Best free agents available: The following is a list of the highest-graded players from last year who are still on the open market:

  1. Greg Hardy, ED, Cowboys (PFF grade: 81.9): He’d likely play better than that grade, too, but his off-field issues have to be concerning to teams.
  2. Dominique Easley, DI, Patriots (81.5): Even if it weren’t for the injury concerns, it’s hard to get a gig when the Patriots bail on you.
  3. Will Hill, S, Ravens (81.4): He is suspended (for the fourth time) for the first 10 games of 2016.
  4. Anquan Boldin, WR, 49ers (79.6): He’d clearly make some teams better. The Chiefs and Falcons would both be good fits.
  5. Donte Whitner, S, Browns (79.5): He is a 10-year veteran, but still playing well. The Bears or Rams should definitely consider him.
  6. Walter Thurmond, S, Eagles (79.3): It looks like he’s retiring, but watch the offers flood in if he decides to play after an impressive 2015 season with the Eagles.
  7. Leon Hall, CB, Bengals (78.4): Only offseason back surgery has stopped his signing. Expect the Giants to be in play for this slot specialist.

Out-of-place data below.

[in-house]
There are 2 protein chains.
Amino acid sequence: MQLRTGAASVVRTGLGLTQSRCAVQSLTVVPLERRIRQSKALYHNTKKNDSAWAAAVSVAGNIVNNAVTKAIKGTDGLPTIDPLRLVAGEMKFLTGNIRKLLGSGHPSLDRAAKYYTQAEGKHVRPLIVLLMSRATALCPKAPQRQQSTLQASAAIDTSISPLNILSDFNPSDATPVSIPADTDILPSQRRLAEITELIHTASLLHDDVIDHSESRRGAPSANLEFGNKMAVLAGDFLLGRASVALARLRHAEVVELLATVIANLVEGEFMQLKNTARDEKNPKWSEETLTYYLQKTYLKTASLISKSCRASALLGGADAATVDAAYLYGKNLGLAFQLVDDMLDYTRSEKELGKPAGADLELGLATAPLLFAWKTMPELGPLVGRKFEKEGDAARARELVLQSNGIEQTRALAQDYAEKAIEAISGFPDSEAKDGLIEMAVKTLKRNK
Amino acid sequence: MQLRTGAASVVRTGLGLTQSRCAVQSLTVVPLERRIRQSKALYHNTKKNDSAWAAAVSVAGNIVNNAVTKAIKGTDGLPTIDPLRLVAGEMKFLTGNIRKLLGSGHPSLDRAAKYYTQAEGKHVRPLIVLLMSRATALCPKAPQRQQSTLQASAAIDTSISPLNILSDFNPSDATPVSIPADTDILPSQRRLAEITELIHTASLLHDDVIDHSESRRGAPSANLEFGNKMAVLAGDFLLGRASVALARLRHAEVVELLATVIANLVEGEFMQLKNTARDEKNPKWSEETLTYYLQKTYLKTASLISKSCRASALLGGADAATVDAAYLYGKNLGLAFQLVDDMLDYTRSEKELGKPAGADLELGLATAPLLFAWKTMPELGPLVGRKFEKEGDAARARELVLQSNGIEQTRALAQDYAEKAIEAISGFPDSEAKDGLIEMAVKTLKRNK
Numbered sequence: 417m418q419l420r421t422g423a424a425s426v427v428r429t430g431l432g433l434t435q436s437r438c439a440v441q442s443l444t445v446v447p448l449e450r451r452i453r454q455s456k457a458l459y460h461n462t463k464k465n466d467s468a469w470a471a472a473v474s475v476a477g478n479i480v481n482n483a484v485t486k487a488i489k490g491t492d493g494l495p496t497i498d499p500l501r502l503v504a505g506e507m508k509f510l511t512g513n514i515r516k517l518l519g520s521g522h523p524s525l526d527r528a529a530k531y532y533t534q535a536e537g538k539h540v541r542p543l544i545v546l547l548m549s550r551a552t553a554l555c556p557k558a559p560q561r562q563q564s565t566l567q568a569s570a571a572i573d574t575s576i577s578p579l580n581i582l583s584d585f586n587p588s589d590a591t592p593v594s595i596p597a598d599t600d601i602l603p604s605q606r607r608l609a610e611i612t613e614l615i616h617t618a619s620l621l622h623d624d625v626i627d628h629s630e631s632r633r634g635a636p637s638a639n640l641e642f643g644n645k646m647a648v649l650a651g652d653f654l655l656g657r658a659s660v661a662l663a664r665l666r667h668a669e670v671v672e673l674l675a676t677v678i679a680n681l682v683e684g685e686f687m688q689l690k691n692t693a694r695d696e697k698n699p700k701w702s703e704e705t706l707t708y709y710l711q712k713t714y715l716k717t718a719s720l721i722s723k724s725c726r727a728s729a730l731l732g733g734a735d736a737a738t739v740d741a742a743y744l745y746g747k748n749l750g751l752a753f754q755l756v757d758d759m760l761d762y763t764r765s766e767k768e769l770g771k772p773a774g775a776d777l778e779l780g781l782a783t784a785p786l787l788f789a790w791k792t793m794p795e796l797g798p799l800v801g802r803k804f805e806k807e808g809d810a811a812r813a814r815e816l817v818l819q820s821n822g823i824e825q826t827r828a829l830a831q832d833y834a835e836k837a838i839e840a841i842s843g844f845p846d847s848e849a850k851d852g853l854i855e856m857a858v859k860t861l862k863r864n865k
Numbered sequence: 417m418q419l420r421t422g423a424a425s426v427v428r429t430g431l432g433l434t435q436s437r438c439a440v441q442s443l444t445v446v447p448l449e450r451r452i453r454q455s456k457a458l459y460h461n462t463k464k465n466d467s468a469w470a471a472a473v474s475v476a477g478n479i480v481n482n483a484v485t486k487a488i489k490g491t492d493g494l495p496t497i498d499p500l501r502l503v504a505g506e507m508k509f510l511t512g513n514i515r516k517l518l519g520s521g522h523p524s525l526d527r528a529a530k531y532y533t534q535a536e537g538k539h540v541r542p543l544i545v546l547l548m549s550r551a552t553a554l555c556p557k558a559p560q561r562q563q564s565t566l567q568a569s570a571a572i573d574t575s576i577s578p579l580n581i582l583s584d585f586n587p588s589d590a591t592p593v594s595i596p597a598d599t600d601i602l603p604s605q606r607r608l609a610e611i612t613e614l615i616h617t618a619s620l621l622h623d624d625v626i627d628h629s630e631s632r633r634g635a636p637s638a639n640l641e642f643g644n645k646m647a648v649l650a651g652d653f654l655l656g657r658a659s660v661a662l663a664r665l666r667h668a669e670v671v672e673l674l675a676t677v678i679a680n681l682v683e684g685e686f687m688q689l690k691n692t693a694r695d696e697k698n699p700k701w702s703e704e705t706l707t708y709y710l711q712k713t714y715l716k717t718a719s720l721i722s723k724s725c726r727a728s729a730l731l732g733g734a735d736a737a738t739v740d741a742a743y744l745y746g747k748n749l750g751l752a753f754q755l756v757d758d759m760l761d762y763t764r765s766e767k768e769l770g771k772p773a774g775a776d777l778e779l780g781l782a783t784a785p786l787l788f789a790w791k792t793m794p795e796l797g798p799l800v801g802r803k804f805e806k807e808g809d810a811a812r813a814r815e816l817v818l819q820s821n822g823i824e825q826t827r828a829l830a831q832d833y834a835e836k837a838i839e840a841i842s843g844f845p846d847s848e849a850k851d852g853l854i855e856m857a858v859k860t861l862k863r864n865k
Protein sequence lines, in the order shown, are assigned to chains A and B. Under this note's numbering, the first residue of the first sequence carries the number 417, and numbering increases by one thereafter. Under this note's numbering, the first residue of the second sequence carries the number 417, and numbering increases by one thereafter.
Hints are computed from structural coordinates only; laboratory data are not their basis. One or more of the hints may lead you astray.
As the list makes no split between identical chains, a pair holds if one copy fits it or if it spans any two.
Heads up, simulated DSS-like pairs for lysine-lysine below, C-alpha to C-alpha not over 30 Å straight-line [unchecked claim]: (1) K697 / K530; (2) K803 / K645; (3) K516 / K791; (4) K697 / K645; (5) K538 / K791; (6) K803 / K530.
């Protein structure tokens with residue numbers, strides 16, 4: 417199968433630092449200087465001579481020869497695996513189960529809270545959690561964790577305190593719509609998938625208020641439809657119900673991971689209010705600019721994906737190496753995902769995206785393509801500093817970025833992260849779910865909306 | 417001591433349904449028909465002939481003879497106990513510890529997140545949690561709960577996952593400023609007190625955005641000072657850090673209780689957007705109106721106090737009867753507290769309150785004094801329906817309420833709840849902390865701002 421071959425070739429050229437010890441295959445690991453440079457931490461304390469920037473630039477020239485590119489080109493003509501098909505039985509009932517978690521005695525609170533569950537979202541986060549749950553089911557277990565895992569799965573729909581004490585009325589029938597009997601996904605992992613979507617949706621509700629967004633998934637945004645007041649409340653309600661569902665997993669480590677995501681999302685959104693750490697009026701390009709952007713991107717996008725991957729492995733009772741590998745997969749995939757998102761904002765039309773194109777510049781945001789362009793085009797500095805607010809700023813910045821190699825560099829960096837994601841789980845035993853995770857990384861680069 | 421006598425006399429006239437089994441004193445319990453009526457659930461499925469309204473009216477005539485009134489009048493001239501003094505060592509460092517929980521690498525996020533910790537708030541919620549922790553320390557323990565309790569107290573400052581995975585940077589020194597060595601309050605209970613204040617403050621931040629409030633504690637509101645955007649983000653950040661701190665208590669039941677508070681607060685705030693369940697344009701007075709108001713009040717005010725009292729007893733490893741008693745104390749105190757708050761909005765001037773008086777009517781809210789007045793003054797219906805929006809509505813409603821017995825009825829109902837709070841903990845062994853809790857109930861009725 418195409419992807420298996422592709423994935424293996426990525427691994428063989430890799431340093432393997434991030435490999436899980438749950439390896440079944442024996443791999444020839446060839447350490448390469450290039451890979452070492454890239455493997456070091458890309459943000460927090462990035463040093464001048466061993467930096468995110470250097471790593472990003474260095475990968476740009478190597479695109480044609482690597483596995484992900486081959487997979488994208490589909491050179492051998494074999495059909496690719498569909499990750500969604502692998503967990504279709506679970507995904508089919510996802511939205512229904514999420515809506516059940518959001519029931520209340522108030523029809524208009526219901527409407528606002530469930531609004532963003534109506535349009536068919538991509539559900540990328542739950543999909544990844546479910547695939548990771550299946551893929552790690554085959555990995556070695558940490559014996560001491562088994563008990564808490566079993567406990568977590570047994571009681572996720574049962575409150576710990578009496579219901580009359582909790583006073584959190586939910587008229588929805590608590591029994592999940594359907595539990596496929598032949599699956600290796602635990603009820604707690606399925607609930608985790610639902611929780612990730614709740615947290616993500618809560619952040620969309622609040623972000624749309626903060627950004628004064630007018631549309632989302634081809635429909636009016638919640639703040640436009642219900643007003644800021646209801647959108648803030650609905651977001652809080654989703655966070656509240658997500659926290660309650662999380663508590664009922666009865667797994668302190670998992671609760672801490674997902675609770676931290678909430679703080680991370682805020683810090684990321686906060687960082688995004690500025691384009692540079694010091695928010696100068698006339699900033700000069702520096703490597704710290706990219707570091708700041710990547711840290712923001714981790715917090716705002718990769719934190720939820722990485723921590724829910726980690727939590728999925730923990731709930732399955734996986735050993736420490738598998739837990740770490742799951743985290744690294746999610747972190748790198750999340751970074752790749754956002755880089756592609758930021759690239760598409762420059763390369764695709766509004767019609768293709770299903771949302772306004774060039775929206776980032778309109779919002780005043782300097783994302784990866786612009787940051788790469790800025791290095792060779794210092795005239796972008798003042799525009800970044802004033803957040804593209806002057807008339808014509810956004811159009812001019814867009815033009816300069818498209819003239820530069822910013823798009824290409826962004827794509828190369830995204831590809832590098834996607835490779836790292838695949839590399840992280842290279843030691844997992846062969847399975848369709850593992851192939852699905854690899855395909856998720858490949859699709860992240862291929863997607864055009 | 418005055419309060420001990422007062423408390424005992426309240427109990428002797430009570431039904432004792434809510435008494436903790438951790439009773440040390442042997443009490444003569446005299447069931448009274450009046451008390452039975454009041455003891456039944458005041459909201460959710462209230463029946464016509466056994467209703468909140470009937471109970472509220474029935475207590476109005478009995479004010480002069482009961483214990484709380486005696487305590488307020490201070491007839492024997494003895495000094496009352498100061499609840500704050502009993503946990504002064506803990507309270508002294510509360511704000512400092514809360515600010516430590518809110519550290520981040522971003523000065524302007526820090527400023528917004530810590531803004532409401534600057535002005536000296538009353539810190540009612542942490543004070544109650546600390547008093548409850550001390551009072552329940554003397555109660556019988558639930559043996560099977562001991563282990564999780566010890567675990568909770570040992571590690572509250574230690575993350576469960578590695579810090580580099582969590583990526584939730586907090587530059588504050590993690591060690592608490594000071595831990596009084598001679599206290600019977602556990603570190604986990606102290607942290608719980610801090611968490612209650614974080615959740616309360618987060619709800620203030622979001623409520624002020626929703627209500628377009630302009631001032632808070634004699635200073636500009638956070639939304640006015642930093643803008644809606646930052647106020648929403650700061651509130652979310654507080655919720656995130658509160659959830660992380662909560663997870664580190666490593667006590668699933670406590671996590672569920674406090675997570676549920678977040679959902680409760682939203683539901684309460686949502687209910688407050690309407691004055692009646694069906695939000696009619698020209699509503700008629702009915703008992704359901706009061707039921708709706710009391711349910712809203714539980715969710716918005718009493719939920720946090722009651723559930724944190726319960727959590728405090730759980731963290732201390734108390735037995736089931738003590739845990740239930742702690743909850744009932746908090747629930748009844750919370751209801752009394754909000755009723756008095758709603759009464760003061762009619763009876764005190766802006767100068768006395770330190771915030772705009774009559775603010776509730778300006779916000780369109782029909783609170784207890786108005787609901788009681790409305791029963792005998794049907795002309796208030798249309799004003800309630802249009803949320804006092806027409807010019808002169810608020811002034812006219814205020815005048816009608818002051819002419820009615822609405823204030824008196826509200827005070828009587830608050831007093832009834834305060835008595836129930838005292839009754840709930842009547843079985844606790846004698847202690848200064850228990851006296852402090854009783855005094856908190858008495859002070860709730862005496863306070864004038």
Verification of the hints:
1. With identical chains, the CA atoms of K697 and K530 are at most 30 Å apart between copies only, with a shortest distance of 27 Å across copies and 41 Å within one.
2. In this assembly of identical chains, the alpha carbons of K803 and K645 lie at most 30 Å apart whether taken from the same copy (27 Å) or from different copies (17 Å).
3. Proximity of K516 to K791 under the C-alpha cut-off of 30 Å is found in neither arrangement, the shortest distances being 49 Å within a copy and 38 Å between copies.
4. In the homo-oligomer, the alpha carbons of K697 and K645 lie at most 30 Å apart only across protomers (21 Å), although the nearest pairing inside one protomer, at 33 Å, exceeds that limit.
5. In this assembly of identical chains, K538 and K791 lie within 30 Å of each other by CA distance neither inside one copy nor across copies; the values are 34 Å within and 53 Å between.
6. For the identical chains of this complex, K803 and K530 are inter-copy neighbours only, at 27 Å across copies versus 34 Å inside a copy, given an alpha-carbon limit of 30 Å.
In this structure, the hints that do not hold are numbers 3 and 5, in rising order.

8. Amini Silatolu, G, Panthers (78.3): Injury is a concern with him, which will limit team interest.
  9. Kevin Williams, DI, Saints (77.7): He was one of the best players in the NFL during his prime, and he is still doing a decent job. He is considering retirement after 13 years in the NFL.
  10. Jerricho Cotchery, WR, Panthers (77.1): Always an underrated player, he might get a late chance if injury forces a team to look for depth at wide receiver.

Given a clean bill of health upon his return from injury, expect Hall to be the first player taken from this group.

| PFF Founder

Neil founded PFF in 2006 and is currently responsible for the service to the company's 22 NFL team customers. He is constantly developing new insights into the game and player performance.